The Good and the Beautiful

I came from a background in Christianity that emphasized salvation as a matter of justice, of the meeting of divine requirements. Coupled with this was some creeping Pelagianism, which left a contradictory and crippled spiritual life: on the one hand intellectually conscious of the inability of any of us to effect our ultimate salvation, but on the other hand existentially aware of the concomitant ability to lose it at any moment. Add in a dash of biblical hermeneutics that conscientiously did not reach back before the present day, and one was left with a hellish reversal of revivalist altar calls: instead of being saved in a moment, one could be lost at any other. Always there was the divine ledger, and though we were fiercely anti-papal, the odor of merits hung over all. And if God was a Father, he was the sort that was distant, only getting involved in matters of discipline, and doling out favors according to some formula of worthiness that could not be calculated in human terms.

But I have come to see things much differently, thank God. It has been a slow process, involving regular worship in the Divine Liturgy where one hears that God is good and loves mankind, the painful consequences of personal life circumstances, and through those circumstances the clearest realization of my own sins that I have yet come to. There is surely an even greater clarity to come, but this much is what I can endure at this time. But the key to this all is the reward, at last, after four decades of life, to come to truly and to really believe, to know in my heart: God is love. He is all love. I am faced with things which I long feared, and still hope even now do not fully come to pass, things that without melodrama one could describe as ruinous. And yet, I have been given this great and wonderful gift to at last begin–and only to begin–to see that God is good, and that he is love.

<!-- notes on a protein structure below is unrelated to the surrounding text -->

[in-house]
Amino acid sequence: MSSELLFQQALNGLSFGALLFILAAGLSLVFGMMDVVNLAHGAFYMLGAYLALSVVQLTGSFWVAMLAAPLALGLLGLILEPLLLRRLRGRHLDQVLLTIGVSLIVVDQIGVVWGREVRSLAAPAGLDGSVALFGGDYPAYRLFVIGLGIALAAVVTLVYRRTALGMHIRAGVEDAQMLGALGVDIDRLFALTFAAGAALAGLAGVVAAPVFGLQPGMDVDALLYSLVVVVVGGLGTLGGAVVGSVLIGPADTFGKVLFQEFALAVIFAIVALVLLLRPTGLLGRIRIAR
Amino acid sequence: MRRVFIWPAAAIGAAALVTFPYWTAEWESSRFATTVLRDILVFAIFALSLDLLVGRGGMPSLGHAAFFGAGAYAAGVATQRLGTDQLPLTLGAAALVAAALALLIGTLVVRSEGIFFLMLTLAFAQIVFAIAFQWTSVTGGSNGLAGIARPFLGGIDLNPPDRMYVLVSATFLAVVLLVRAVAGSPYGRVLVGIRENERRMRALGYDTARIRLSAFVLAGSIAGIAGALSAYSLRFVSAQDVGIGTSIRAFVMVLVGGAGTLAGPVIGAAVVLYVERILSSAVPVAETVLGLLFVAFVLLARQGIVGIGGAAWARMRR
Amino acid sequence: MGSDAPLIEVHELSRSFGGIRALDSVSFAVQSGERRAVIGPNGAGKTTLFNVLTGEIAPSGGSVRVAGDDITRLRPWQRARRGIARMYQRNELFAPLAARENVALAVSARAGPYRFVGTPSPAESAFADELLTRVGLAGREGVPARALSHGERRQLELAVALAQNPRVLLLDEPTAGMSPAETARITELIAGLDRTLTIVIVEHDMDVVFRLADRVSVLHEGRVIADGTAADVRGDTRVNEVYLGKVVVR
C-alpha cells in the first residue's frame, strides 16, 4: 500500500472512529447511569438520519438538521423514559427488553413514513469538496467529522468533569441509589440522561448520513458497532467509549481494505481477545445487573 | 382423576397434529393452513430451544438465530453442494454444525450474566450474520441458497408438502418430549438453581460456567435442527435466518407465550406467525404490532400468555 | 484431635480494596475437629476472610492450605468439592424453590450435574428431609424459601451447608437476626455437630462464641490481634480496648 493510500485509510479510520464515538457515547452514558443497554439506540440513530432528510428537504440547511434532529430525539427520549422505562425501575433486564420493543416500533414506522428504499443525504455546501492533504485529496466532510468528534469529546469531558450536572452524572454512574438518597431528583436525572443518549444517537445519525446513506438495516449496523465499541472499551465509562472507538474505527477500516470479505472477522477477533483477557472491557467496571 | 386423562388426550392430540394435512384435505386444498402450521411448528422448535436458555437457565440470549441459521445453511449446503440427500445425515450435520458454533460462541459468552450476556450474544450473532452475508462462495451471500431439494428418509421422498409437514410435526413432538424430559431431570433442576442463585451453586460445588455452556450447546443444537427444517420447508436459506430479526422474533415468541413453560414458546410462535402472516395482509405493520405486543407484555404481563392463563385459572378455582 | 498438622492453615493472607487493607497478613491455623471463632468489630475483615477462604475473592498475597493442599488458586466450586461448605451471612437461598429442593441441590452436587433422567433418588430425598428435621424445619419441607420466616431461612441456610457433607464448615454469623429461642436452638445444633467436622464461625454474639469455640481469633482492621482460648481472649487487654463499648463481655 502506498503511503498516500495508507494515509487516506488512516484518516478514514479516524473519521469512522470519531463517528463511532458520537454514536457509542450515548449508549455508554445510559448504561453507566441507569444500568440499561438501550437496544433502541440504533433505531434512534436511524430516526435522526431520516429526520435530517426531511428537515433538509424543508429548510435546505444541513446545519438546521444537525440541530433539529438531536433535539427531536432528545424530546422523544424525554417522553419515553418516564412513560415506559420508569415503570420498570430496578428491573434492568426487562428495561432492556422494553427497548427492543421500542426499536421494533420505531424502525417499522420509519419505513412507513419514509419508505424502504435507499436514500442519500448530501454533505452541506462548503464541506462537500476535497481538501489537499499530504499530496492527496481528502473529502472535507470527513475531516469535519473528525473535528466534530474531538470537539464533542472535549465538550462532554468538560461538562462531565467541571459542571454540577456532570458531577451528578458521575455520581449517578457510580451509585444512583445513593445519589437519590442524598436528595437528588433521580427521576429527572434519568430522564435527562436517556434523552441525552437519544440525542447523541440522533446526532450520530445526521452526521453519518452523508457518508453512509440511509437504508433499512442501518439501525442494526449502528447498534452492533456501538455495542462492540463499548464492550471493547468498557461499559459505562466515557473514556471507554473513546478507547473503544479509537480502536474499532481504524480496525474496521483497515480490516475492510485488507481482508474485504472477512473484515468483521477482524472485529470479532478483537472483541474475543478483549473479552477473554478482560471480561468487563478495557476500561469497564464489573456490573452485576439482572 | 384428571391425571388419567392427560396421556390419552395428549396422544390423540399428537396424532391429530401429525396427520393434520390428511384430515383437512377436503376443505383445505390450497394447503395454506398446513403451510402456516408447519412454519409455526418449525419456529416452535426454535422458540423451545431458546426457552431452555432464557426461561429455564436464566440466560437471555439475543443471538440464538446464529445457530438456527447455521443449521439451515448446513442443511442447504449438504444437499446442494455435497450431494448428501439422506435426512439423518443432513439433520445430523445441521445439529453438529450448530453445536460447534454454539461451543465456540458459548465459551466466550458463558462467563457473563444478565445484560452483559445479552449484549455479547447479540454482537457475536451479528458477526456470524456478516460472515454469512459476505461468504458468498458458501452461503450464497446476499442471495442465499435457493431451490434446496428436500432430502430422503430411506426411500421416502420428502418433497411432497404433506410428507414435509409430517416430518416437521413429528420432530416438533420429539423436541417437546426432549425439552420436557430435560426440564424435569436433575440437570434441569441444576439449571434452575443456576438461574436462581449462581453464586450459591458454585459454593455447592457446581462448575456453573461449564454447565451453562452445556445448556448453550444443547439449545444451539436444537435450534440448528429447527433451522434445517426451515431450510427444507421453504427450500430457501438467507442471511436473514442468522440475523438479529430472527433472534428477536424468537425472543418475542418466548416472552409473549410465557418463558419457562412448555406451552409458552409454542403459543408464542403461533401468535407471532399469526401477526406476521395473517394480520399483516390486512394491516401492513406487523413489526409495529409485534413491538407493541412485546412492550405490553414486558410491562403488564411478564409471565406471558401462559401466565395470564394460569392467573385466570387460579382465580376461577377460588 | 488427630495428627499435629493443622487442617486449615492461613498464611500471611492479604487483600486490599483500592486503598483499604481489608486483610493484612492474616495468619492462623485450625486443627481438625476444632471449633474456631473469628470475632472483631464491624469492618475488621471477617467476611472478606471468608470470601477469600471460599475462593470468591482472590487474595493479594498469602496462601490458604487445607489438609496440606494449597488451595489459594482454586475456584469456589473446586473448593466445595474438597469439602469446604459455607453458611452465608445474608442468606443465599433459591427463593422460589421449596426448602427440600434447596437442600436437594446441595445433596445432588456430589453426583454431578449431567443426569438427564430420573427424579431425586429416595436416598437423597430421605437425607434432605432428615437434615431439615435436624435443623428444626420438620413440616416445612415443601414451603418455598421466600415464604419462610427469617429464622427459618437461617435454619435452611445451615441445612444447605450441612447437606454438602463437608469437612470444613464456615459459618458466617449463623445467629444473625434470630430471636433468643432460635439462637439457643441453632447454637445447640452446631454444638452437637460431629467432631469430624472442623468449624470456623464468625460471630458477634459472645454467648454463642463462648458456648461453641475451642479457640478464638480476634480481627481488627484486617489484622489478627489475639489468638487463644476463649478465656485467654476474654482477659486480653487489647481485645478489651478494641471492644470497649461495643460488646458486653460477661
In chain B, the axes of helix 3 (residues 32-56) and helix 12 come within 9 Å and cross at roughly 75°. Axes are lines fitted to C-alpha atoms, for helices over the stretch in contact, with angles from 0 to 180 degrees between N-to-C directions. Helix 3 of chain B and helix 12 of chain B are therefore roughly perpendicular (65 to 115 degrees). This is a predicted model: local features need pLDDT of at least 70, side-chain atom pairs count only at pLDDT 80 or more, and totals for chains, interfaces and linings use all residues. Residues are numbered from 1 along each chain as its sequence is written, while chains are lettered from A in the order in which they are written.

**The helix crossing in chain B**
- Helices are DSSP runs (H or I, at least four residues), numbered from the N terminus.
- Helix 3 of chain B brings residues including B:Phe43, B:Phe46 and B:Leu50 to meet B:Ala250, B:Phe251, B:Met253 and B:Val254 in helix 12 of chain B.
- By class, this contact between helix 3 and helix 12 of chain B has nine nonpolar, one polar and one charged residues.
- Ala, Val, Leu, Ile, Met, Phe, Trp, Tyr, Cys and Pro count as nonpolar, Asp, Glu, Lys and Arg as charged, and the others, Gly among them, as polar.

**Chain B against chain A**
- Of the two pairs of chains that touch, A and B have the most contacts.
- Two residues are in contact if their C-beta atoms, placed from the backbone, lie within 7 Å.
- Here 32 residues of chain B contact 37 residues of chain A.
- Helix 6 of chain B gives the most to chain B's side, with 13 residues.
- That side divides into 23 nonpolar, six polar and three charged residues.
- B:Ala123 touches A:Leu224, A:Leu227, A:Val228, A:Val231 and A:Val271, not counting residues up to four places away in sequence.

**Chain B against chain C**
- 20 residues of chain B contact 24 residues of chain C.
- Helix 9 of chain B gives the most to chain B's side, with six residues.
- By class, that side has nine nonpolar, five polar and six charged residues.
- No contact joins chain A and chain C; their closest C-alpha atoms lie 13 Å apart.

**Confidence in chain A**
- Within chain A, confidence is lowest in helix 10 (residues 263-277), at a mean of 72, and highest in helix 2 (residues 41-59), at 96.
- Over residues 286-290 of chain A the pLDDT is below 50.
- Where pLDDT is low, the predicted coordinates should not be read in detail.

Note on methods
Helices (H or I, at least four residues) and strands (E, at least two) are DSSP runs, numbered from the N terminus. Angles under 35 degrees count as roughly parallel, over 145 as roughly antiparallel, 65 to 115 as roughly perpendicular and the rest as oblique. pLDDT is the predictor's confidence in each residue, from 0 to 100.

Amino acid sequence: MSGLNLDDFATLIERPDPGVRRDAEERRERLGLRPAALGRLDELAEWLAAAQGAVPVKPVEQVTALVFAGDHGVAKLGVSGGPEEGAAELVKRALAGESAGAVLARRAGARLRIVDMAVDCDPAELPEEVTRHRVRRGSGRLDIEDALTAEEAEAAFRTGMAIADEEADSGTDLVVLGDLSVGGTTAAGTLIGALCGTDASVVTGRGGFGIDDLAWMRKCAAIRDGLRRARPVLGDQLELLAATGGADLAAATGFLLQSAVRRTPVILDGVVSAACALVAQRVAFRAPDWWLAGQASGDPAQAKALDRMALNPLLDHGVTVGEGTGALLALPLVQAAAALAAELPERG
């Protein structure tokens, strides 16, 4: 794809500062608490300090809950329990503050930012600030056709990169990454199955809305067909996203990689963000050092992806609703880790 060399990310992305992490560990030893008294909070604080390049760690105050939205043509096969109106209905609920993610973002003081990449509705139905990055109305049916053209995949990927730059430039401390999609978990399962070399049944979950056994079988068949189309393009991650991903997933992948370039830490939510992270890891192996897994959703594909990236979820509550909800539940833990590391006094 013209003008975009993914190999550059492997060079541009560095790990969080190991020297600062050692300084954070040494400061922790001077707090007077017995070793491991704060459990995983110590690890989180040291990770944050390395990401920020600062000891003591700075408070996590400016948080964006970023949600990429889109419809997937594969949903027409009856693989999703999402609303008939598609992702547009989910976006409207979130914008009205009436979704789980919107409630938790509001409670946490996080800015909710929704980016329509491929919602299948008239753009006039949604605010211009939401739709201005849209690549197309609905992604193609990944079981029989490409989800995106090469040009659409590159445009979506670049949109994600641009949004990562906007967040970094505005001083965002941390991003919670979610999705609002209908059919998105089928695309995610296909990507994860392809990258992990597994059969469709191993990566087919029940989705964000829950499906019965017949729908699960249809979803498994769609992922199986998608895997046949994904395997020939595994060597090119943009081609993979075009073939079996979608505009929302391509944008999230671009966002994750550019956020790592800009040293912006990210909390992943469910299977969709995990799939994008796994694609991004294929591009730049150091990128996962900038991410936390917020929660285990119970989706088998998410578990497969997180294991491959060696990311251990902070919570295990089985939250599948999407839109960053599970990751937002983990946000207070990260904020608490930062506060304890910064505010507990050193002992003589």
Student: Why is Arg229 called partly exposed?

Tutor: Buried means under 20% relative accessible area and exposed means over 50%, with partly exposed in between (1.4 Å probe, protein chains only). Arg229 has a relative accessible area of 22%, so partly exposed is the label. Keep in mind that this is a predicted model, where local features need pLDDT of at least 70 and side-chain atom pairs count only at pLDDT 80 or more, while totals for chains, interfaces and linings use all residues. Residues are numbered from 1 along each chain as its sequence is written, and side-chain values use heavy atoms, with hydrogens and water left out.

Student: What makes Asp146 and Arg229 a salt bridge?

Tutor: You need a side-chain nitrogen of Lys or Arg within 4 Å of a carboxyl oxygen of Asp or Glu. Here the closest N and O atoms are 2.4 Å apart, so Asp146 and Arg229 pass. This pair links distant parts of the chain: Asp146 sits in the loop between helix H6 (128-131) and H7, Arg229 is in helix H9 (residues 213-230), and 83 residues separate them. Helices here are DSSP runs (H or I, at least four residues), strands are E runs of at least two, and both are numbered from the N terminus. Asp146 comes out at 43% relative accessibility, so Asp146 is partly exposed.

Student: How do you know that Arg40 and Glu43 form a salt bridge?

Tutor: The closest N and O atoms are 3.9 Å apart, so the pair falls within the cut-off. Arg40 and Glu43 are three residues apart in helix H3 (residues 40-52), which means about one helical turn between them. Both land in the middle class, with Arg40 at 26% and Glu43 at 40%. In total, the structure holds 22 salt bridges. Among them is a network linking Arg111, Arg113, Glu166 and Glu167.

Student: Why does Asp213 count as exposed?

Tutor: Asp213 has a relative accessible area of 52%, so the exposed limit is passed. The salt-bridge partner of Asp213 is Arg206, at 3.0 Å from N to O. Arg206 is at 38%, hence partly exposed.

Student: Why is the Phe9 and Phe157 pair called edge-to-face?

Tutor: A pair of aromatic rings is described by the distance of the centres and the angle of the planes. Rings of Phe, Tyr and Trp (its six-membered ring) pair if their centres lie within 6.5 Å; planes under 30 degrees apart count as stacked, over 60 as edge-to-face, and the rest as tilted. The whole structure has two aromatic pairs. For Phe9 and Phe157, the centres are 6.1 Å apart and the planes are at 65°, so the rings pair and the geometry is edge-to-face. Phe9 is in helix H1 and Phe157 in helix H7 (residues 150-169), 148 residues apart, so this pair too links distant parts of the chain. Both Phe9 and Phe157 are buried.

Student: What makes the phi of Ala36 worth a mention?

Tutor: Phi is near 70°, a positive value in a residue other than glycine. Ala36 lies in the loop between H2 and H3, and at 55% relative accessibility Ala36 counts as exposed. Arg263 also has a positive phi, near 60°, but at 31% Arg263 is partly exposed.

It is a costly thing to have come to, and I suspect there is more to be paid. And it is not as though the tears no longer come. Indeed, they come in greater measure than before. There is much, after all, to regret, and sometimes the penances life brings are quite burdensome. But I have been given a gift to finally know, if only the littlest bit, of what it means to say, “God is love.” If perfect love casts out fear, then the fact that the struggle with fears still remains surely means I do not yet know perfect love. But the fears have lost their bite. They no longer sting so much. And, ultimately, even if–or when–they are finally realized in my daily existence, I can at least recall these days, today, and remember, God is love, and that love is full and complete goodness.

Surely all my faults and sins remain. But I know them more clearly now. And I know better what I must do to fight against them. If it please God, some of my fears may not yet come to pass, and he will grant me to fulfill my repentance in more direct ways.

But this glimpse of his goodness and his love is still powerful and pervasive. One can sense in these things the connection of loves, the choir that is prayer, and the beauty that surrounds us all. I cannot adequately express how, by way of one example, much more precious is the glimpse of sunlight in our daughters’ hair, the trill of their laughter, and the tenderness of their embraces. So many more things become every more beautiful and treasured. In such goodness and love, one is given back one’s life and dreams and hopes–even if these ultimately do not materialize, because we still live in a world in which people have freedom to choose other acts and ends–and such a gift puts underneath one the solid foundation of hope. If God is such goodness and love, then in all things, in all his providence, we will find mercy and peace and healing. No matter what.

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